NASHVILLE, TN ­–Buying a new vehicle or a good used one is a big deal because cars are one of the most expensive things people buy. Consumers can lose thousands if they’re not careful. And whether you buy or lease, it’s a complicated transaction.

“Think of car buying as if it was a research project that starts well before you set foot on a dealership lot. Dealers will test once you get there and just like in school, you will perform better if you study for the test,” said Daniel Dwyer, an attorney with the Division of Financial Practices at the Federal Trade Commission. 

Dwyer compared buying a car to cooking a good meal. “If you wait until it’s dinnertime to start planning, you’ll have to go with whatever is easiest, like fast food, which could be more expensive and not as good, but if you plan ahead, you get to choose the recipe,” Dwyer said. 

Dwyer said before you go to a car lot decide what kind of car you need and how much you can afford to pay for it. Decide what kind of options you need or want and search around to get a sense of options and prices at different dealerships. 

“Once you find something that you like, call the dealer. We recommend that people ask the dealer to confirm that the vehicle is actually on the lot and to send you the “out the door price” in writing before you even go to the dealership,” Dwyer said.

That’s the total price that includes all charges and fees you would pay if you had a wad of cash in your hand and gave it to the dealer.  “You want to do this because some dealers will advertise a price but then once you arrive they’ll say the vehicle is unavailable and try and sell you a different vehicle usually at a higher price.”

Dwyer said to study the advertisements closely. Is the price available to you or just recent college graduates?  “An ad might advertise a low monthly payment that goes up after a few months or say ‘no money down’ but still require you to pay to drive the car off the lot,” he said. Dwyer called these ‘red flags”. If you see them his advice is: don’t be afraid to walk away.


Try and get preapproved for a loan before you work with the dealer’s financing office. If you are buying a used car, signs that say “Buy Here, Pay Here” may be convenient but not necessarily the best deal. Banks, credit unions, and big box outlets like COSTCO offer car loans. They will approve you for free even if you are not a member or are shopping for a used car.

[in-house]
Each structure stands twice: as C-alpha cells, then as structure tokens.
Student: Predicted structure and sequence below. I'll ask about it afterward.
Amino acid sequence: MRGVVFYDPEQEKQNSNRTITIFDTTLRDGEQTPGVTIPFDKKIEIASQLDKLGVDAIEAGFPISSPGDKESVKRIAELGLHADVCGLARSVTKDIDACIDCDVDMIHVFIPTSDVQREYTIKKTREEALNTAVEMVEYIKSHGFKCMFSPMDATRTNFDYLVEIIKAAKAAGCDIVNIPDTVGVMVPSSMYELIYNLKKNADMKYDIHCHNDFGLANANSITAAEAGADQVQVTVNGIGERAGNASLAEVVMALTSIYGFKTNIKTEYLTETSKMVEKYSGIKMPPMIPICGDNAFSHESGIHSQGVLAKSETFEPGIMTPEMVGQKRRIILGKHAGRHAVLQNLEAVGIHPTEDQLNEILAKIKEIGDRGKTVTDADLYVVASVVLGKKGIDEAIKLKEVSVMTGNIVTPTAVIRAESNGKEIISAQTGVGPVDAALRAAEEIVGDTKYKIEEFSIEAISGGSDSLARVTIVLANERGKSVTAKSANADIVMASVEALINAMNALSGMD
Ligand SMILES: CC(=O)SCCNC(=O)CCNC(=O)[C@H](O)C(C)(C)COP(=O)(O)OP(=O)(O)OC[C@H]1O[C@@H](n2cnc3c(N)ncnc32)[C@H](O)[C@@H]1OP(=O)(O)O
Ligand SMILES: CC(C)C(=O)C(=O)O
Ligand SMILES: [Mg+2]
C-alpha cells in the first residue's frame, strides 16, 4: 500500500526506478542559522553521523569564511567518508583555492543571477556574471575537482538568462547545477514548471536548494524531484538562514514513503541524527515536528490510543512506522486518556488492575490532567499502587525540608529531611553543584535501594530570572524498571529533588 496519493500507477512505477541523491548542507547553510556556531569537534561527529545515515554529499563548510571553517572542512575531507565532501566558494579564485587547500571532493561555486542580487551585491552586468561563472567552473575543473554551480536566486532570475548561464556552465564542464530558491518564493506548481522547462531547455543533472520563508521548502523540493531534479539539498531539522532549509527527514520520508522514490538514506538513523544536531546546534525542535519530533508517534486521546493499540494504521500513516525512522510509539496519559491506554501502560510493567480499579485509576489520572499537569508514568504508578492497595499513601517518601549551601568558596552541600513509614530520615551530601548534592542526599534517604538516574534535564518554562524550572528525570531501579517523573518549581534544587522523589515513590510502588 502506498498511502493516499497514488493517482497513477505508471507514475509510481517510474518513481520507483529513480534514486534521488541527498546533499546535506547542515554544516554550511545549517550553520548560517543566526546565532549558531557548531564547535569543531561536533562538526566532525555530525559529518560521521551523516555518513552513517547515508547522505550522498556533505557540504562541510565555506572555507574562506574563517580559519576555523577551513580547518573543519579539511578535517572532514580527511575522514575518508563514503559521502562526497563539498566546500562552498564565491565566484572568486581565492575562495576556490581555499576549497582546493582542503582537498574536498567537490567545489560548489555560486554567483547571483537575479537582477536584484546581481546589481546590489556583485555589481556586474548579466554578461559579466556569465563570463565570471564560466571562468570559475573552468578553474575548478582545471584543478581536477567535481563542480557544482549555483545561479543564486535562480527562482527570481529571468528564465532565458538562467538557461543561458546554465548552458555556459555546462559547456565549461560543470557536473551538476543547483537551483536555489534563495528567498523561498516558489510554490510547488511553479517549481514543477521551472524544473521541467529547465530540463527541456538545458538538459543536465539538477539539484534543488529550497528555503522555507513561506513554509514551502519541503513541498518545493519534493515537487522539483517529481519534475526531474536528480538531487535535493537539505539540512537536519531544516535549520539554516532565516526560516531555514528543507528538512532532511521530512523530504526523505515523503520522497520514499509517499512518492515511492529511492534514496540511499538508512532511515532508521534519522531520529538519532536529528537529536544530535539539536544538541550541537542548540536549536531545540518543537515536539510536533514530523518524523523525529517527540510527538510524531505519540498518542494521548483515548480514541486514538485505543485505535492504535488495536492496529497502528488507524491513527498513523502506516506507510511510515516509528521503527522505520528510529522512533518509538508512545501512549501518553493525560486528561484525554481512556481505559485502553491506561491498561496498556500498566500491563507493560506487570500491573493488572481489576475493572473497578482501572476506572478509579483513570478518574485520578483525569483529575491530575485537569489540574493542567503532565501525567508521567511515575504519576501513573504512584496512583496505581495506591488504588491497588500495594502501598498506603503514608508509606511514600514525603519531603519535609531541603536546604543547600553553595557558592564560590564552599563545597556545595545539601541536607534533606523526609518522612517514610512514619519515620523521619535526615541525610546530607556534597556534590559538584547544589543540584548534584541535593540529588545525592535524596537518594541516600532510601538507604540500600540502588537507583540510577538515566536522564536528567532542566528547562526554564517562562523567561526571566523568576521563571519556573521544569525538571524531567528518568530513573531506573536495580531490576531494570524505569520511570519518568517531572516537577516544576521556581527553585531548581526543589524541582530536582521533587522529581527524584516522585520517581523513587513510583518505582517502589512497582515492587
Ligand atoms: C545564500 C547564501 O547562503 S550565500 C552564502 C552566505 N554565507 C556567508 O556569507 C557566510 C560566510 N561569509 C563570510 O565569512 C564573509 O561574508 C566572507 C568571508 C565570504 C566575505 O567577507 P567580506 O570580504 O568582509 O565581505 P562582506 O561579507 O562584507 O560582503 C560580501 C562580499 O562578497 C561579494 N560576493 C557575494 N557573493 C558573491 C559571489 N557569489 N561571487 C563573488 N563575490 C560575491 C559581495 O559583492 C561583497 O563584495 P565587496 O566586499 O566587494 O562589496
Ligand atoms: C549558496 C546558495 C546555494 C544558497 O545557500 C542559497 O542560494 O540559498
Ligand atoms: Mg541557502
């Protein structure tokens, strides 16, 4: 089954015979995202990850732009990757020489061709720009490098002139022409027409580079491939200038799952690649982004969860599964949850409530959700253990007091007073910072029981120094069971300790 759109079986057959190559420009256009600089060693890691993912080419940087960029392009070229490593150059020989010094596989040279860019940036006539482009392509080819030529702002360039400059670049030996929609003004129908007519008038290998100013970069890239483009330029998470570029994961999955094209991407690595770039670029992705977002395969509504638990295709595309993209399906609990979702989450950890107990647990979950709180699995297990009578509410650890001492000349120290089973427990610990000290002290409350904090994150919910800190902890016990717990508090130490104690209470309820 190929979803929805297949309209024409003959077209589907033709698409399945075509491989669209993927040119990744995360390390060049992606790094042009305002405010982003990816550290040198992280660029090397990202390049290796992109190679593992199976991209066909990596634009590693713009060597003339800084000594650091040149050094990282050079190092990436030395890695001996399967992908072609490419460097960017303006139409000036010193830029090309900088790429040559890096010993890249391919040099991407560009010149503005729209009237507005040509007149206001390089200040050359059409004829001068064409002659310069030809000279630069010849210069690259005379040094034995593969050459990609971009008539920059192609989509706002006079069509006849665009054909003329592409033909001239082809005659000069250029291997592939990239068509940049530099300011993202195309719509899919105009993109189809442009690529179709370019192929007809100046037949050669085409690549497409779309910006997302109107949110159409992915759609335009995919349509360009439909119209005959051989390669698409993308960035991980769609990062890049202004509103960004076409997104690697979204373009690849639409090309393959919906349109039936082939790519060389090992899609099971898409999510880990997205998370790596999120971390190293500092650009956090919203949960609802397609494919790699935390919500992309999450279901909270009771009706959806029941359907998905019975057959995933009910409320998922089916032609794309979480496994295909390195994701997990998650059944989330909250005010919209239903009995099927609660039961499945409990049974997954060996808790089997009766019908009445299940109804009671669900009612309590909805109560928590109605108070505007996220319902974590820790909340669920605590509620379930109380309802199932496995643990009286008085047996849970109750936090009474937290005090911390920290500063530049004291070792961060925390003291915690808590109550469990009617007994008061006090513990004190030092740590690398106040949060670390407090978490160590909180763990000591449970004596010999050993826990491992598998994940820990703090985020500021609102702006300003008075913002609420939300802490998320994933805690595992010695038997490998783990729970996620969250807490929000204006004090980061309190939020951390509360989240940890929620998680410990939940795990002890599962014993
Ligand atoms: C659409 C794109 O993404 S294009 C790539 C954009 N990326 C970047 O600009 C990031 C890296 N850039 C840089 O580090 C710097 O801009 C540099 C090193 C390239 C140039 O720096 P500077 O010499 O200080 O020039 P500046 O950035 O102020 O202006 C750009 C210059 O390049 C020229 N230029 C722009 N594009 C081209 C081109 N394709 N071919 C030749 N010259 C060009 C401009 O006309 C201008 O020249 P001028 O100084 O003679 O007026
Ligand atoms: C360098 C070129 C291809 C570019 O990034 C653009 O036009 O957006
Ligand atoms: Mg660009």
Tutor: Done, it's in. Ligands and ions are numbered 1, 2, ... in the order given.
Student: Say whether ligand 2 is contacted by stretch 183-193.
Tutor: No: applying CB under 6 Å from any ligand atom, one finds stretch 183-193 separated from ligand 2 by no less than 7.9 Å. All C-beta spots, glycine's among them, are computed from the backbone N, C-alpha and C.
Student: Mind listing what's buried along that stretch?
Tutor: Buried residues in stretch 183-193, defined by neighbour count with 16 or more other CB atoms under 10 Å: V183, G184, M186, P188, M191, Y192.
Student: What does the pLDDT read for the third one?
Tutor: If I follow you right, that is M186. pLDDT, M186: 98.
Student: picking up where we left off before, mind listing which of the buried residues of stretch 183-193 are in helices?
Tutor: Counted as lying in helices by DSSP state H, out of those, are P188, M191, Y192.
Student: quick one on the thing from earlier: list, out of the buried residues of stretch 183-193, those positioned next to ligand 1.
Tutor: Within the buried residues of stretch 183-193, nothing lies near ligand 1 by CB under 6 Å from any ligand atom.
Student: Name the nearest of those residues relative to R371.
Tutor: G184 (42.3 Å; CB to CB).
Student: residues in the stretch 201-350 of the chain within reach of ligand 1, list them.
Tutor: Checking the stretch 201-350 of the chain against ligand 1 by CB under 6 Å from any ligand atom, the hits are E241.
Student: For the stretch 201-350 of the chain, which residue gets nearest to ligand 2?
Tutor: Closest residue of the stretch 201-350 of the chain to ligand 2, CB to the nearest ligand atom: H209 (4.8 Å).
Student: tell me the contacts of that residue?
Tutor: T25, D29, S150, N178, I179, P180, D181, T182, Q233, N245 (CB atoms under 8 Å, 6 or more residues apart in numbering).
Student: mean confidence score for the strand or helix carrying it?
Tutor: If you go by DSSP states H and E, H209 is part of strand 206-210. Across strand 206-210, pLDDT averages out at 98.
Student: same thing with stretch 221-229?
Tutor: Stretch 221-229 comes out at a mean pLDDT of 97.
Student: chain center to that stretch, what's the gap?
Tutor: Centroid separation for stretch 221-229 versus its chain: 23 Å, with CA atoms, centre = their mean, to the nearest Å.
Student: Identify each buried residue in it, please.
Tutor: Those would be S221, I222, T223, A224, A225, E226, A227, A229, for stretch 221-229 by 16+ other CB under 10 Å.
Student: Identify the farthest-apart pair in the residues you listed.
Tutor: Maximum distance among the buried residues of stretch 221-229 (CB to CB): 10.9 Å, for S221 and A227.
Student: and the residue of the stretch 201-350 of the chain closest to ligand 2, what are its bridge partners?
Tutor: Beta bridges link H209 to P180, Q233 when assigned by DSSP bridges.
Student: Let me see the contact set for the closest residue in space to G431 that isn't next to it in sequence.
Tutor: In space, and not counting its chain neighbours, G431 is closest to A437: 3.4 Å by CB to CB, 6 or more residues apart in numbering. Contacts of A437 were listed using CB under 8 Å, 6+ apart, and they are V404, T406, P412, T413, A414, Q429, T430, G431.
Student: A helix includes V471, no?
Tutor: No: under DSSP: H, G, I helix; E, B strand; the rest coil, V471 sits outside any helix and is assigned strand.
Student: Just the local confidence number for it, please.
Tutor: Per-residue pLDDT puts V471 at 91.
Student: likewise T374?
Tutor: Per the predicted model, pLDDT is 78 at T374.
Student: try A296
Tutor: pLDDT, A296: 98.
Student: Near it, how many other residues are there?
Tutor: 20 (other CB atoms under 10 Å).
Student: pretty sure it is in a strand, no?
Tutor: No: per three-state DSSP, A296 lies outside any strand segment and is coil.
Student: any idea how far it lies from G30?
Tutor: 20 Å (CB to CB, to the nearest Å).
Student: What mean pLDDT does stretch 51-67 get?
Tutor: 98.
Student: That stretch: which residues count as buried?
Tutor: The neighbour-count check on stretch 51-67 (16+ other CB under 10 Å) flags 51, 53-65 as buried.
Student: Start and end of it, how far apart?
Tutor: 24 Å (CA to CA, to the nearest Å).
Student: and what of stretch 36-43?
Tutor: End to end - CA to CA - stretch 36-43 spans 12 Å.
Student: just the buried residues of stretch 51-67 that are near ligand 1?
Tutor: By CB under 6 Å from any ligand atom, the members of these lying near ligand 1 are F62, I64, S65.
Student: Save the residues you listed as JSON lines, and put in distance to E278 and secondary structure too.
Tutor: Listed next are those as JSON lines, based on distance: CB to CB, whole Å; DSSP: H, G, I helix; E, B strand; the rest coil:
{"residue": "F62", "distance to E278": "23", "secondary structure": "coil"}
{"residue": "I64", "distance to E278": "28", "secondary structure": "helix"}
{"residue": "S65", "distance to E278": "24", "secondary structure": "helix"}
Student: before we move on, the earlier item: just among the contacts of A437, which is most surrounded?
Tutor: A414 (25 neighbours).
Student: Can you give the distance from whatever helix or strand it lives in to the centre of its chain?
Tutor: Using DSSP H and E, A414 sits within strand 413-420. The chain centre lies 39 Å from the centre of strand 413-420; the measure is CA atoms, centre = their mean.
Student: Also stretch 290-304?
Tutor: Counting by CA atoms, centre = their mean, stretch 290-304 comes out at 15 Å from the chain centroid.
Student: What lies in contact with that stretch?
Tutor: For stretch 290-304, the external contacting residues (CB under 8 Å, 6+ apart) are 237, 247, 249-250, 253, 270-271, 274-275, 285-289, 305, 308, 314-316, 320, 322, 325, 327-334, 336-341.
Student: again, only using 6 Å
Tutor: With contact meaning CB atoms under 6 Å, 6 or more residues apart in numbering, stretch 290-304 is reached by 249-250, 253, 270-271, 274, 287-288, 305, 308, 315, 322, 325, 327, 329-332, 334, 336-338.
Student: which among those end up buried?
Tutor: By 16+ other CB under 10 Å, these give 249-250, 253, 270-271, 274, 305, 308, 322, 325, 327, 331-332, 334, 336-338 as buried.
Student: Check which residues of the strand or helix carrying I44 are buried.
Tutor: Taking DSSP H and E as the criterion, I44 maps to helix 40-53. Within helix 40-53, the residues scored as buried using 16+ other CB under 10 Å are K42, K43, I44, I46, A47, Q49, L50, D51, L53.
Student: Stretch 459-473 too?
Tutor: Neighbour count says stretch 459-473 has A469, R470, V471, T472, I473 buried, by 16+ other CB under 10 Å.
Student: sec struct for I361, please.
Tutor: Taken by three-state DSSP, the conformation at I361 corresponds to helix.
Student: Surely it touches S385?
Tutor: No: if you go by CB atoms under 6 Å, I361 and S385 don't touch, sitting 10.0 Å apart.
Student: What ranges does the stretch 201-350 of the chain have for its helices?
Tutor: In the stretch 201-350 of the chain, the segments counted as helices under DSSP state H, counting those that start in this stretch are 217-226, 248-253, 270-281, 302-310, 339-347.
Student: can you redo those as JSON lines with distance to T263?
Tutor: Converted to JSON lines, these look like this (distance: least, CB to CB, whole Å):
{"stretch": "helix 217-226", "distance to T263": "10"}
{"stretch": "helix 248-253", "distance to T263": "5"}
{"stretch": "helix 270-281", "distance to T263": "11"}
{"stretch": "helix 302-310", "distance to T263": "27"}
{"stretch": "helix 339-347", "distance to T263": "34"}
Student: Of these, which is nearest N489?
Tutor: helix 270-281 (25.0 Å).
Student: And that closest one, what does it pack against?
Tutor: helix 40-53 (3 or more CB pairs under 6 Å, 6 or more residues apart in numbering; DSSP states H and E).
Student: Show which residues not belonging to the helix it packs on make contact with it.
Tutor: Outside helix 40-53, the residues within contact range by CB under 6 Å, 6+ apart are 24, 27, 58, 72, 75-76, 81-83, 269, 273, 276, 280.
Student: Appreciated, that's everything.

“Otherwise you’ll be relying on the dealer to arrange options and without pre- approval it’s harder to avoid a situation like in our Bronx Honda case where we alleged  the dealer tacked on extra fees and interest for African American and Hispanic buyers,” he said.

Dwyer said to check your consumer credit score before you negotiate a car loan. Lenders check to see if you are a good risk and to determine how expensive your loan will be, so it’s good to know your score beforehand and check to see if it’s accurate.  Go to: It’s free. 

Things to know before you buy

1. Many things that seem required are actually optional. Price is negotiable.

2. Focus on the “out the door” price not the monthly loan payments. They may be a bit cheaper but last a lot longer.

3. The interest rate is something you can negotiate. Better find your own loan before you go to the car lot.

4. Add on products and services are optional. Tell the dealer “No” if you don’t want road service, for example, and make sure it’s not included in the paperwork.

“Vehicle safety and history probably won’t come up so you need to know to ask about them,” Dwyer said. 

Are there any open safety recalls? If so, have the repairs been made on the car you want to buy? If you’re buying a used car, you need to see the vehicle history report, aka the “CARFAX” report. You can go to or Those reports will give you ownership history, whether the car was in any accidents, its repair records, and whether it was ever declared a salvage.

If you’re buying a used car, has it been inspected? If not, can you have your mechanic inspect it before you buy? Is the car being sold with a warranty?  

“Don’t let anyone rush you through documents. You should never sign something without having read it. The dealership rushed Navajo consumers through the process of reviewing an signing their income verification forms which kept them from discovering that they had been falsified,” he said. 

Dan Dwyer is an Attorney in the Division of Financial Practices at the Federal Trade Commission. He works on a variety of consumer credit and financial services issues, including debt collection, mortgage advertising, and automobile sales and financing.

The bottom line is buyer beware. You should understand and agree to everything you’re being charged for. 

“We’ve seen things pop up in contracts even when people tell the dealership ‘I don’t want that’ or we’ve seen prices change even when they seem to have been agreed on earlier,” he said.

Dwyer’s last bit of advice: If you finance a vehicle make sure you ask the dealer if your financing has been finally approved. If it has been, make sure that it is written into your contract.  If not, that means the terms could change. That’s called yo-yo financing.

Here’s how it works: a few days after you drive the car off the lot, the dealer calls to say your loan application was rejected. He might offer you another loan with a higher interest rate. Maybe you can’t afford that. Unless you have it in writing beforehand that the dealer won’t sell your trade-in before the financing is approved, you are up the proverbial creek without a paddle.